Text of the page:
Heart Into Soilpp traverses landscapes of exile and identity, where memory appears as the ground of daily existence, and what is felt reveals the incompleteness of the present moment. From solidness to great emptiness, then back into solidness, memory, writing and the world exist in unstable liaison. As the lyric impulse digs toward the root, origins are transformed and unbounded. Writing then becomes a means of location within shifting “plains of consciousness/ in a fullness of light/ where every object/ vanishes/ reappears/ metamorphoses.”
Xue Di was born in Beijing in 1957. After taking part in the 1989 demonstrations in Tian’anmen Square, he left China and, since 1990, has been a fellow in Brown University’s Freedom to Write Program. He has published two books of poems in Chinese, contributed to many magazines, and is also known as an anthologist and critic. His collected poems and essays (3 volumes) are forthcoming in China.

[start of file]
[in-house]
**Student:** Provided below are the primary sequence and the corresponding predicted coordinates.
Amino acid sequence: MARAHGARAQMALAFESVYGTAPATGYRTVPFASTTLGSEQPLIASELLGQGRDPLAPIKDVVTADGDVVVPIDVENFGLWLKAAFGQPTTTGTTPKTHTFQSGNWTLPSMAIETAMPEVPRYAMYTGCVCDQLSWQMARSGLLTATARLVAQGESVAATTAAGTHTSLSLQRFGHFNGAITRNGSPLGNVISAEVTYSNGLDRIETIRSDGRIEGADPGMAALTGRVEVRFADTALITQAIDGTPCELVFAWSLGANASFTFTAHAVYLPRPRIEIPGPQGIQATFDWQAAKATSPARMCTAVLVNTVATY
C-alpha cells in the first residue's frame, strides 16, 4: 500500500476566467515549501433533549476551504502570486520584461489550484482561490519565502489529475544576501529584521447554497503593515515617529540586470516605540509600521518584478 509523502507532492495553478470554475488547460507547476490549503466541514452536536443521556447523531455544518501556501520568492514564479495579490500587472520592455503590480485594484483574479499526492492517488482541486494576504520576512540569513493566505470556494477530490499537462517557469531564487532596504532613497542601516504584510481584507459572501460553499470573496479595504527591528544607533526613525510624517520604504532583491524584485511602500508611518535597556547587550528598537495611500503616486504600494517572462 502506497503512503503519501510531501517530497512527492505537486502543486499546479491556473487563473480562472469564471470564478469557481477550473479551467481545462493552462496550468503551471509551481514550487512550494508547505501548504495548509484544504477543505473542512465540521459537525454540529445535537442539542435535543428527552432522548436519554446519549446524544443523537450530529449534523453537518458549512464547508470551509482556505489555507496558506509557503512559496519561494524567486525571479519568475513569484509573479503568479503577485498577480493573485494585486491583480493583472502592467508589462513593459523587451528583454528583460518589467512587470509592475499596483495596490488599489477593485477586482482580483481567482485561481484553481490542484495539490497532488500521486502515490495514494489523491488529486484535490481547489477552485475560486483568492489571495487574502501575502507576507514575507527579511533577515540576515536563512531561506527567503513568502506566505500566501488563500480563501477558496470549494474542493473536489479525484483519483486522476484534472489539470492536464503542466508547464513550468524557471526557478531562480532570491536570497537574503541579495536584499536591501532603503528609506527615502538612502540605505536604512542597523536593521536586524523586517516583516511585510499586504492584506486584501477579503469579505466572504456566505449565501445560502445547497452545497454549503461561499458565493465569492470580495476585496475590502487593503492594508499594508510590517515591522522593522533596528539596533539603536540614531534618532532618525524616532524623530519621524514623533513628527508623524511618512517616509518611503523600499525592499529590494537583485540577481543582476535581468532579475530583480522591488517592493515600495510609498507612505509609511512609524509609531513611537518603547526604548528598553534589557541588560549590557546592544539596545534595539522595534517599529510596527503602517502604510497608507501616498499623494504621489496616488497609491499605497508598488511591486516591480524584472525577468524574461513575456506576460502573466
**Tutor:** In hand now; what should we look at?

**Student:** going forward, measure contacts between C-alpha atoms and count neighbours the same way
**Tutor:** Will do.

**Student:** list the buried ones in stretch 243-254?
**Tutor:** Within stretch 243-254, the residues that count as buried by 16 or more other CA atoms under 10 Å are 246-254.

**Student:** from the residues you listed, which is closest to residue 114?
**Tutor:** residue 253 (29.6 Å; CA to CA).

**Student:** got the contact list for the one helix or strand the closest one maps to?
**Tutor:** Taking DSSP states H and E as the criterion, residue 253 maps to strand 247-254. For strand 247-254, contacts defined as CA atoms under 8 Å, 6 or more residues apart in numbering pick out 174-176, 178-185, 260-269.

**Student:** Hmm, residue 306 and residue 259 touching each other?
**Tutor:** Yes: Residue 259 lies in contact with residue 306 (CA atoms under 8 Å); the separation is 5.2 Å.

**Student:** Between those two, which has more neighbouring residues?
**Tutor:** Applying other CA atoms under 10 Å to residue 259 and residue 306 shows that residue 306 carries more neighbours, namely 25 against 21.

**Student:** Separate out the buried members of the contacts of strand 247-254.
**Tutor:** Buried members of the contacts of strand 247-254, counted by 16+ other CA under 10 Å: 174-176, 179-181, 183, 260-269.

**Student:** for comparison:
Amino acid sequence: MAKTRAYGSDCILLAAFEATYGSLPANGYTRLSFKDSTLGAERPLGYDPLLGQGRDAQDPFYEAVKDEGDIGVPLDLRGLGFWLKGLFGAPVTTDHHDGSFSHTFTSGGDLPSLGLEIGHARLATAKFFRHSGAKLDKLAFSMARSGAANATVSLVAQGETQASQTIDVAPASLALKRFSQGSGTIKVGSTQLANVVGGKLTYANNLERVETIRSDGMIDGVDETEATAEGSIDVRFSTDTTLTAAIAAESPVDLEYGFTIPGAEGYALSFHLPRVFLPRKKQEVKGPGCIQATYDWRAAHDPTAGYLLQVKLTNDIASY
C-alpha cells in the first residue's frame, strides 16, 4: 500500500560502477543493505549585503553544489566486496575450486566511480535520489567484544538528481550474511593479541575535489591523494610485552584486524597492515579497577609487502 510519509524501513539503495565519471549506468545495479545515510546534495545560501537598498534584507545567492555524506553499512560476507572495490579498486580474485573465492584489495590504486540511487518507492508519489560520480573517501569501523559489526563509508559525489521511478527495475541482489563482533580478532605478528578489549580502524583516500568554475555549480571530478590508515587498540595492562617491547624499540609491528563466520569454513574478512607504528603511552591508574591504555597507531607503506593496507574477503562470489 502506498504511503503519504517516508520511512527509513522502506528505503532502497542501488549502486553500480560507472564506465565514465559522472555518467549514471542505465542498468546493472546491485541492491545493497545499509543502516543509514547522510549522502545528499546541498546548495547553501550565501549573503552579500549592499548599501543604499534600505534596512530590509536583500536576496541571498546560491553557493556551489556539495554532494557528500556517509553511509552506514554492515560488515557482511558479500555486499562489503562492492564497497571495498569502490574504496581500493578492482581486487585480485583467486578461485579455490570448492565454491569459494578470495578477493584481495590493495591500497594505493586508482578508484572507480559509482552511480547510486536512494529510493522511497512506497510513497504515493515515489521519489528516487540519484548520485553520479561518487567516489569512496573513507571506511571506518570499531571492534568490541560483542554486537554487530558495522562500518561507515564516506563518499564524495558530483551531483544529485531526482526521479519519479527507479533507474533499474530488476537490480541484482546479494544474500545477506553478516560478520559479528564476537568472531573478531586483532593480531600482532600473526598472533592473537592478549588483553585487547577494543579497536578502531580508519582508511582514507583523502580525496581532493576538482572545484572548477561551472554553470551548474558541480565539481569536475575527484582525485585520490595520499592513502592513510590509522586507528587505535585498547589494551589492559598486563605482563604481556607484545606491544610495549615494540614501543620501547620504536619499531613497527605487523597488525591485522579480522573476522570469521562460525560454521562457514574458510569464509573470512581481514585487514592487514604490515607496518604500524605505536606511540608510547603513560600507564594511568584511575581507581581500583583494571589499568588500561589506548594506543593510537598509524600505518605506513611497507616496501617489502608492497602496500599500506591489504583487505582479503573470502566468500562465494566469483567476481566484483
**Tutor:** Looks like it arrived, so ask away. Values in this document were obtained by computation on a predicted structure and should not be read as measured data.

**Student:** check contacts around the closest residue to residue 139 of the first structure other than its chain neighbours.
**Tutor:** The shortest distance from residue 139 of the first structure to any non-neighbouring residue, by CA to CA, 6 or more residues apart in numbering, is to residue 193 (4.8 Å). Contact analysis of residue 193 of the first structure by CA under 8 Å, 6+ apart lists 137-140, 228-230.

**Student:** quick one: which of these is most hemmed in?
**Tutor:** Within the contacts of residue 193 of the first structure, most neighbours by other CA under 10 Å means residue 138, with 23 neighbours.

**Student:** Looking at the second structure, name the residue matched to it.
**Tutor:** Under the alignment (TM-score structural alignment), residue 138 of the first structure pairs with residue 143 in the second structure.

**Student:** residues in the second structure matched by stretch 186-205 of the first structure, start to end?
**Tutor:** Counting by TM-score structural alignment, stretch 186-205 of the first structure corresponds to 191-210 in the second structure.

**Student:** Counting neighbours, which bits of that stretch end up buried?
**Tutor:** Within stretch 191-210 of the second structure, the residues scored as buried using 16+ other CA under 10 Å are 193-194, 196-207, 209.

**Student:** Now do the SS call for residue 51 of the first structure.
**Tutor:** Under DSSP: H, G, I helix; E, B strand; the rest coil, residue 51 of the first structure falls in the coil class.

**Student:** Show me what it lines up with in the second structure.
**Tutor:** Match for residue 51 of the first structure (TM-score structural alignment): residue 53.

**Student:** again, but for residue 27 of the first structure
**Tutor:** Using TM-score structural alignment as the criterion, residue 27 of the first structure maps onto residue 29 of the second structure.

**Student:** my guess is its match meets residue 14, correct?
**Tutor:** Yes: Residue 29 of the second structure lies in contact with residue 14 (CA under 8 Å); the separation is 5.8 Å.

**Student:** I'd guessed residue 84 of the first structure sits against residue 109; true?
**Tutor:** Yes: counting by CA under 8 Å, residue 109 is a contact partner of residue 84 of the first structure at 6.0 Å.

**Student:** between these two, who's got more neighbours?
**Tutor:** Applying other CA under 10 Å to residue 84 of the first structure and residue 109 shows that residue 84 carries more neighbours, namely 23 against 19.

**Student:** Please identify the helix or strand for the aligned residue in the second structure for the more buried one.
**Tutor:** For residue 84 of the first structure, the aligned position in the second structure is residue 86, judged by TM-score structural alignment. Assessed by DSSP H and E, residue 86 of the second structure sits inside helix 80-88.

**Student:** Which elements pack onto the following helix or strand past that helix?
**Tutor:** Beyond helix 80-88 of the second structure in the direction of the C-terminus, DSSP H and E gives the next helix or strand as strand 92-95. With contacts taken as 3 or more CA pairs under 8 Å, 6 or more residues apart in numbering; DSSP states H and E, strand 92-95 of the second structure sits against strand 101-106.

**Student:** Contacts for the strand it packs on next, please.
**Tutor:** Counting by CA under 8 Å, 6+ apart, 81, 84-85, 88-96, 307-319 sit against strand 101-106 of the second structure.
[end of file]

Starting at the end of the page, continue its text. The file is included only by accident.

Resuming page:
“Like Bei Dao, Xue Di is one of China’s most accomplished contemporary poets living in exile…. Heart into Soil clearly traces the development of his poetic techniques and art. The poems in Part I [composed before he came to the US] represent an outlet for strong emotions and a painful effort to revolt against oppression. Here the poet tries to achieve tension, …extraordinary juxtaposition of words an a sense of pressure produced by images that clash with one another. When [in Part II] he finds himself in a democratic society where he has the freedom to cry out…[he] seems to have, ironically, lost the motivation to do so. He becomes quiet, turns inward…. What he strives for now is not formal effects, but the innate quality of poetry. And his poetry becomes purer and deeper.
What Waldrop has done to these texts is to turn them into impressive poems [in English].”
–Hu Qian, Translation Review